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FORTRAN

Finally created a page for FORTRAN.

Amusingly, there is a project "f2j" which is supposed to be a tool that translates a subset of FORTRAN77 to Java. Can this be done? I don't know of any tool that can translate C to Java, without the need of excessive rewriting the generated code to make it compile.

Comments

  • 1.

    Sure it can be done.

    I once wrote an Object Pascal to C++ translator that was used by most of the biggest Macintosh developers to move their code when Apple switched chips from the Motorola 68XXX chip to the PowerPC. The new chip only had a C++ compiler so everyone needed to make the switch and most Mac programs were written in Object Pascal.

    Fortran 77 is actually quite a bit simpler than Object Pascal was, if I remember my Fortran 77 college course correctly. It was in 1982 or 83, so Fortran 77 was relatively new and exciting then.

    C is much more problematic because of the pointers. Fortran 77 didn't have pointers like C. All the datatypes were static, IIRC.

    Comment Source:Sure it can be done. I once wrote an Object Pascal to C++ translator that was used by most of the biggest Macintosh developers to move their code when Apple switched chips from the Motorola 68XXX chip to the PowerPC. The new chip only had a C++ compiler so everyone needed to make the switch and most Mac programs were written in Object Pascal. Fortran 77 is actually quite a bit simpler than Object Pascal was, if I remember my Fortran 77 college course correctly. It was in 1982 or 83, so Fortran 77 was relatively new and exciting then. C is much more problematic because of the pointers. Fortran 77 didn't have pointers like C. All the datatypes were static, IIRC.
  • 2.

    I don't know FORTRAN, I extrapolated from C: C++ has many language features that Java simply does not have, so that a translation is not possible, unless those features are not used, of course. It should be possible to translate C however, because there are workarounds to handle the pointer arithmetic of C - but as far as I know nobody took the pains to write a translator that includes the C preprocessor. Ergo one has to do the preprocessing of C and C++ "by hand" by a translation of C or C++ to Java, which is what I did when I translated the random number algorithms of numerical recipes to Java.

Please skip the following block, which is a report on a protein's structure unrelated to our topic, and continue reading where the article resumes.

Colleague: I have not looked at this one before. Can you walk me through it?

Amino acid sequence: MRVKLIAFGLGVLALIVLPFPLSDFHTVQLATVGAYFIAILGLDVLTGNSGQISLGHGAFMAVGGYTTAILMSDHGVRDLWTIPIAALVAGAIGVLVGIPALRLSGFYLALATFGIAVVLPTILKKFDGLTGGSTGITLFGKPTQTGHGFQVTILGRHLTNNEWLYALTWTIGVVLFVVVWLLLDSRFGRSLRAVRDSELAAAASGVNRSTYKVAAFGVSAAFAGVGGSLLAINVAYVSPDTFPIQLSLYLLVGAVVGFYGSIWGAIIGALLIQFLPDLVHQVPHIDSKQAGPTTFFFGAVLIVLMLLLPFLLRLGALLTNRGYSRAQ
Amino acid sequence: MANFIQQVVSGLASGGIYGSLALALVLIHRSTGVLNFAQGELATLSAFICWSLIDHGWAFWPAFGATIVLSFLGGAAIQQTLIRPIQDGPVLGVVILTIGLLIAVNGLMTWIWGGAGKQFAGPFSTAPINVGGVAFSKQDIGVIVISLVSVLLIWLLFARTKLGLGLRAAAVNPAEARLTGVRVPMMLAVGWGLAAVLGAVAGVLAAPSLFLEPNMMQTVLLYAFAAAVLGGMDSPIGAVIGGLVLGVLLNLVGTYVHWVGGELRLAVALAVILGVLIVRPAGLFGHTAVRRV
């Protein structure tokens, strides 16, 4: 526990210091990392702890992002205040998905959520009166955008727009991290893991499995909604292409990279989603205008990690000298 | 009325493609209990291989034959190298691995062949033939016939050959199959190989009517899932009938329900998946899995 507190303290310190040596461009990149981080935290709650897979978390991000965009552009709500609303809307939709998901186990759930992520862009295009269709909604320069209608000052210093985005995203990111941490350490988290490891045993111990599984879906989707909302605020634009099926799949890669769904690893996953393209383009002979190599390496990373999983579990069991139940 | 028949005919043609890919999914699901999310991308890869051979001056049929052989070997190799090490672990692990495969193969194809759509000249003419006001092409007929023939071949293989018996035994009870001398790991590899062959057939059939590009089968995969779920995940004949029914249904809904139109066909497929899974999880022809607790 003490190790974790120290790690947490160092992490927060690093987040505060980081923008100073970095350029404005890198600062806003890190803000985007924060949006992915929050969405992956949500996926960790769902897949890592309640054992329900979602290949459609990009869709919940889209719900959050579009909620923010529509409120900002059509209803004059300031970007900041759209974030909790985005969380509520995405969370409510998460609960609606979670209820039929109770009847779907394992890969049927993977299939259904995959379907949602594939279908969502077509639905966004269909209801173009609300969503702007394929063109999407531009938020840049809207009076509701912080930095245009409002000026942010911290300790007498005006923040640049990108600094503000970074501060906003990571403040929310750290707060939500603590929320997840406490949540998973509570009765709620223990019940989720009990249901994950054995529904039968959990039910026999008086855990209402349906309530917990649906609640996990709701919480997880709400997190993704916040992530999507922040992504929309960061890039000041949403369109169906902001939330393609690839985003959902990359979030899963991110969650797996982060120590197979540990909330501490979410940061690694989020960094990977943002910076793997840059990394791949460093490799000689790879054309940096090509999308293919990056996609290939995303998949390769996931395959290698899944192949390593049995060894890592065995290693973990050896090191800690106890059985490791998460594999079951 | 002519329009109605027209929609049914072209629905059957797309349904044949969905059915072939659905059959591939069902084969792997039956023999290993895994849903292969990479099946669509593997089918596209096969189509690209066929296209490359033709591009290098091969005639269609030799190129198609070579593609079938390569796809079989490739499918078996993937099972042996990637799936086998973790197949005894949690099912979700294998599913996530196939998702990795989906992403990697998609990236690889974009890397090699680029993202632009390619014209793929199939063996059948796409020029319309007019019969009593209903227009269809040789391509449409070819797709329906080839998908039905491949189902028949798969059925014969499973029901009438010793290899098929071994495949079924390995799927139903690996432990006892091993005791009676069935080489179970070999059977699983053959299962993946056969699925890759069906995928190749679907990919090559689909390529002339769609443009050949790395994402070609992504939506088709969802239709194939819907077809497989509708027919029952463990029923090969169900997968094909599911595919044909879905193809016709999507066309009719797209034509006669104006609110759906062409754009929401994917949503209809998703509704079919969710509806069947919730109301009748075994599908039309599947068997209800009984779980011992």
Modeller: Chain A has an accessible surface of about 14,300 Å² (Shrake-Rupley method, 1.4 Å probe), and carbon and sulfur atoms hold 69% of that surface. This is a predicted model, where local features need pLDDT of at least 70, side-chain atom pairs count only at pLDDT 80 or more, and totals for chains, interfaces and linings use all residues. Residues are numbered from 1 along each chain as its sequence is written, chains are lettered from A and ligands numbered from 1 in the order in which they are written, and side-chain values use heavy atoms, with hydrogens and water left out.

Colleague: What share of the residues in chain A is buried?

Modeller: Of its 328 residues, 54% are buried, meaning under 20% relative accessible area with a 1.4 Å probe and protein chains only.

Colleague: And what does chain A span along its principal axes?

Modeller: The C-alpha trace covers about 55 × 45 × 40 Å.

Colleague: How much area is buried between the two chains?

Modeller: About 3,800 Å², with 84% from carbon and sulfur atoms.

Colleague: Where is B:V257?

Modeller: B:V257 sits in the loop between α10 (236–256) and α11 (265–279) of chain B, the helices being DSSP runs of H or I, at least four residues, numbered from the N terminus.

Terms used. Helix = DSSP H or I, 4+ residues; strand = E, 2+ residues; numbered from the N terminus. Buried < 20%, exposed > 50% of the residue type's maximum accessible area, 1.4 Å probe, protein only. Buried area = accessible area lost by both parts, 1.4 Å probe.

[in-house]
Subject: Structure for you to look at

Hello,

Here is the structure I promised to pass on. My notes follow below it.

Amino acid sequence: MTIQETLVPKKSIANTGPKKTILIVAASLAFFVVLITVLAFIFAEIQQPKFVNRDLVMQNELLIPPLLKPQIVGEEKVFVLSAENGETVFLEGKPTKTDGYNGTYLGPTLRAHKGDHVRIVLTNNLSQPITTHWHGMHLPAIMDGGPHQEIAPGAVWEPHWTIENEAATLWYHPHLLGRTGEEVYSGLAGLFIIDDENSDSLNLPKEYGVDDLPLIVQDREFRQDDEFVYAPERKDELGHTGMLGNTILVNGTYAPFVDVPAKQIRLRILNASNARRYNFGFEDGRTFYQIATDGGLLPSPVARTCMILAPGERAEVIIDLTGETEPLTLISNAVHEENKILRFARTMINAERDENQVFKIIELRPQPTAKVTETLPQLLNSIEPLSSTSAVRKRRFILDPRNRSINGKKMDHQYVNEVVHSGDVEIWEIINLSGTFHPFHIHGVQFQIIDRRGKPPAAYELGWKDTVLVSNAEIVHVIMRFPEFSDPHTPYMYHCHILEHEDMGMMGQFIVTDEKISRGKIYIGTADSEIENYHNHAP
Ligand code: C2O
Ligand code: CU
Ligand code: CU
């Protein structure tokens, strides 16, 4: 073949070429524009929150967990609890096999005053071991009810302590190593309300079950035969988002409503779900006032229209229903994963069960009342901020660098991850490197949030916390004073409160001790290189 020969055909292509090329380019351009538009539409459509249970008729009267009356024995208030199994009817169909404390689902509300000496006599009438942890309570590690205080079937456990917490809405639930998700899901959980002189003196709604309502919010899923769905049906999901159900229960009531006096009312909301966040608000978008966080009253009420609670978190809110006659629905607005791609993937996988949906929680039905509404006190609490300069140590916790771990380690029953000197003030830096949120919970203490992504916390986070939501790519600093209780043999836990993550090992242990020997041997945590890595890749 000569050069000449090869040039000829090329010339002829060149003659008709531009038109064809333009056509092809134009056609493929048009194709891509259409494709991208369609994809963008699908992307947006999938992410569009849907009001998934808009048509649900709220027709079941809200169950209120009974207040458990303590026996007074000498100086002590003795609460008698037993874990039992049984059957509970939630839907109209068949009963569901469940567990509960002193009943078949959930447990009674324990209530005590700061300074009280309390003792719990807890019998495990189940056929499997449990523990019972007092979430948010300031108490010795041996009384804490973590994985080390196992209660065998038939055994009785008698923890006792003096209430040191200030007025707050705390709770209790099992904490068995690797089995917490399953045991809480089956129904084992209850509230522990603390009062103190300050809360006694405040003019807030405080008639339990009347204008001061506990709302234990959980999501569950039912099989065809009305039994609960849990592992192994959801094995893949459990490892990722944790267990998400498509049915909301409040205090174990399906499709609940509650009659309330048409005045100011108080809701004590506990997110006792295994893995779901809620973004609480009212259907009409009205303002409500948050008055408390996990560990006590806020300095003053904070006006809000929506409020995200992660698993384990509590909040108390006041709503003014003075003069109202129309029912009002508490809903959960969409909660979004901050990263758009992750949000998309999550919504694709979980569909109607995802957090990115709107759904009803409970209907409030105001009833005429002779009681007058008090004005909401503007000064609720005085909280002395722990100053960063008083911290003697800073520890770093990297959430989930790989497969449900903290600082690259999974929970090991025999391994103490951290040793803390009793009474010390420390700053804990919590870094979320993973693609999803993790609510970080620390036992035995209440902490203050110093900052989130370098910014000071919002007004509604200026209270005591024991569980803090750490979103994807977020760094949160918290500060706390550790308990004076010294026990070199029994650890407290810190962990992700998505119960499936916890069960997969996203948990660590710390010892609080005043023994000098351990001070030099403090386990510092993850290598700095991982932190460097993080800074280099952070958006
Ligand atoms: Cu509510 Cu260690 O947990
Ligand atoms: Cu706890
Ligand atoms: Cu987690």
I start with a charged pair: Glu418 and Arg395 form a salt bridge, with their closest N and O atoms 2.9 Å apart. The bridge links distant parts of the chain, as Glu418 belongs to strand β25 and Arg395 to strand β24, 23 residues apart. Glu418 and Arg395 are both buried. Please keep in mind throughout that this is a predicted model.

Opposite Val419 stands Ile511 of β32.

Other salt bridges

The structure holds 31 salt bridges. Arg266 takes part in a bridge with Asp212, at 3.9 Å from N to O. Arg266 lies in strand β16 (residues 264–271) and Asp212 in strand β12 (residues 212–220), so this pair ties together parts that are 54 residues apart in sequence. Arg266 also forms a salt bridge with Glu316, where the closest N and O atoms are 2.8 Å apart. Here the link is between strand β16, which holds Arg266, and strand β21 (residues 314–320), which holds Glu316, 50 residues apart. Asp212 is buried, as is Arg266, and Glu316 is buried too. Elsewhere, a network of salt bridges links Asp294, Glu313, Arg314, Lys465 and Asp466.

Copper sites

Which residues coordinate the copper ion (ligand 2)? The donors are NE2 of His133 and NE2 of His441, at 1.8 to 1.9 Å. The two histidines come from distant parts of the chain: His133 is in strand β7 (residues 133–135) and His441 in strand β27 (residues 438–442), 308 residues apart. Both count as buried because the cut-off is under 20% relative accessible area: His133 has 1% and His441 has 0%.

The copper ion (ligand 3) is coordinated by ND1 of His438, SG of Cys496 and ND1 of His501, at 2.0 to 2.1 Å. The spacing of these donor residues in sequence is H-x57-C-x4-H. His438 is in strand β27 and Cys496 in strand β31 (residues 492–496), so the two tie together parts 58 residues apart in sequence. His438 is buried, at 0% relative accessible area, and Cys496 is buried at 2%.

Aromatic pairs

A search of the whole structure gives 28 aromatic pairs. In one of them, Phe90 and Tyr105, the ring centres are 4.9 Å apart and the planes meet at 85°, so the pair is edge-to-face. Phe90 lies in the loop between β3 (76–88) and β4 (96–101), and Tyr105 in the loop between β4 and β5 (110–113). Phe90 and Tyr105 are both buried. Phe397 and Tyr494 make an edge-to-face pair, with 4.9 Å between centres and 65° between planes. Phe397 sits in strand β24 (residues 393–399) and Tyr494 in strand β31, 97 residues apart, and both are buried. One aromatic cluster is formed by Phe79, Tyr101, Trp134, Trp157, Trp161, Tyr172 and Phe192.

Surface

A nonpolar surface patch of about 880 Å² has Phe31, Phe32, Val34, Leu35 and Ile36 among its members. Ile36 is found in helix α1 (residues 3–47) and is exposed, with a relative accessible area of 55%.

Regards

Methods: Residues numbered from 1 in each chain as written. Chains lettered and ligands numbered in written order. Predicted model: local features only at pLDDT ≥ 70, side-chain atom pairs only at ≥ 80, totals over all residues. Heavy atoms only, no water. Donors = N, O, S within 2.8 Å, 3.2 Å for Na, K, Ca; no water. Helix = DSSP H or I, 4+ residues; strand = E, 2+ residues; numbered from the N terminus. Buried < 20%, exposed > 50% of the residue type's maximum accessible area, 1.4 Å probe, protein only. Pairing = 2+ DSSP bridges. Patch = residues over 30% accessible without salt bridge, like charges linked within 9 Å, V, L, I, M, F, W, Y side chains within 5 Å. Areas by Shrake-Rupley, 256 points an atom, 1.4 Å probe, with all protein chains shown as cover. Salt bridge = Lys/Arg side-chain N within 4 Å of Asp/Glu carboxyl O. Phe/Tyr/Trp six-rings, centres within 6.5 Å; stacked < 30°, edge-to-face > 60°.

Comment Source:I don't know FORTRAN, I extrapolated from C: C++ has many language features that Java simply does not have, so that a translation is not possible, unless those features are not used, of course. It should be possible to translate C however, because there are workarounds to handle the pointer arithmetic of C - but as far as I know nobody took the pains to write a translator that includes the C preprocessor. Ergo one has to do the preprocessing of C and C++ "by hand" by a translation of C or C++ to Java, which is what I did when I translated the random number algorithms of numerical recipes to Java.
  • 3.

    This leads to an unfortunate schism in the high performance computing community: On one hand, there are scientists with various backgrounds but less training in software engineering using FORTRAN, on the other hand there is a large number of computer scientists and industrial programmers who neither know nor are interested in FORTRAN.

    Actually I think there are actually some high-performance computing people who know about Fortran and whom I expect are also aware of modern software engineering. HLRS comes to my mind, for example.

    I'm not a software engineer so I can't discuss about that, but I know that programming in F77 is highly discouraged. F90 isn't really modern either (and there's still no compiler for the F2003 standard) but it does offer advantages for high-performance computing, so it's not only because of inheritance from older code why people still use it.

    Comment Source:> This leads to an unfortunate schism in the high performance computing community: On one hand, there are scientists with various backgrounds but less training in software engineering using FORTRAN, on the other hand there is a large number of computer scientists and industrial programmers who neither know nor are interested in FORTRAN. Actually I think there are actually some high-performance computing people who know about Fortran and whom I expect are also aware of modern software engineering. HLRS comes to my mind, for example. I'm not a software engineer so I can't discuss about that, but I know that programming in F77 is highly discouraged. F90 isn't really modern either (and there's still no compiler for the F2003 standard) but it does offer advantages for high-performance computing, so it's not only because of inheritance from older code why people still use it.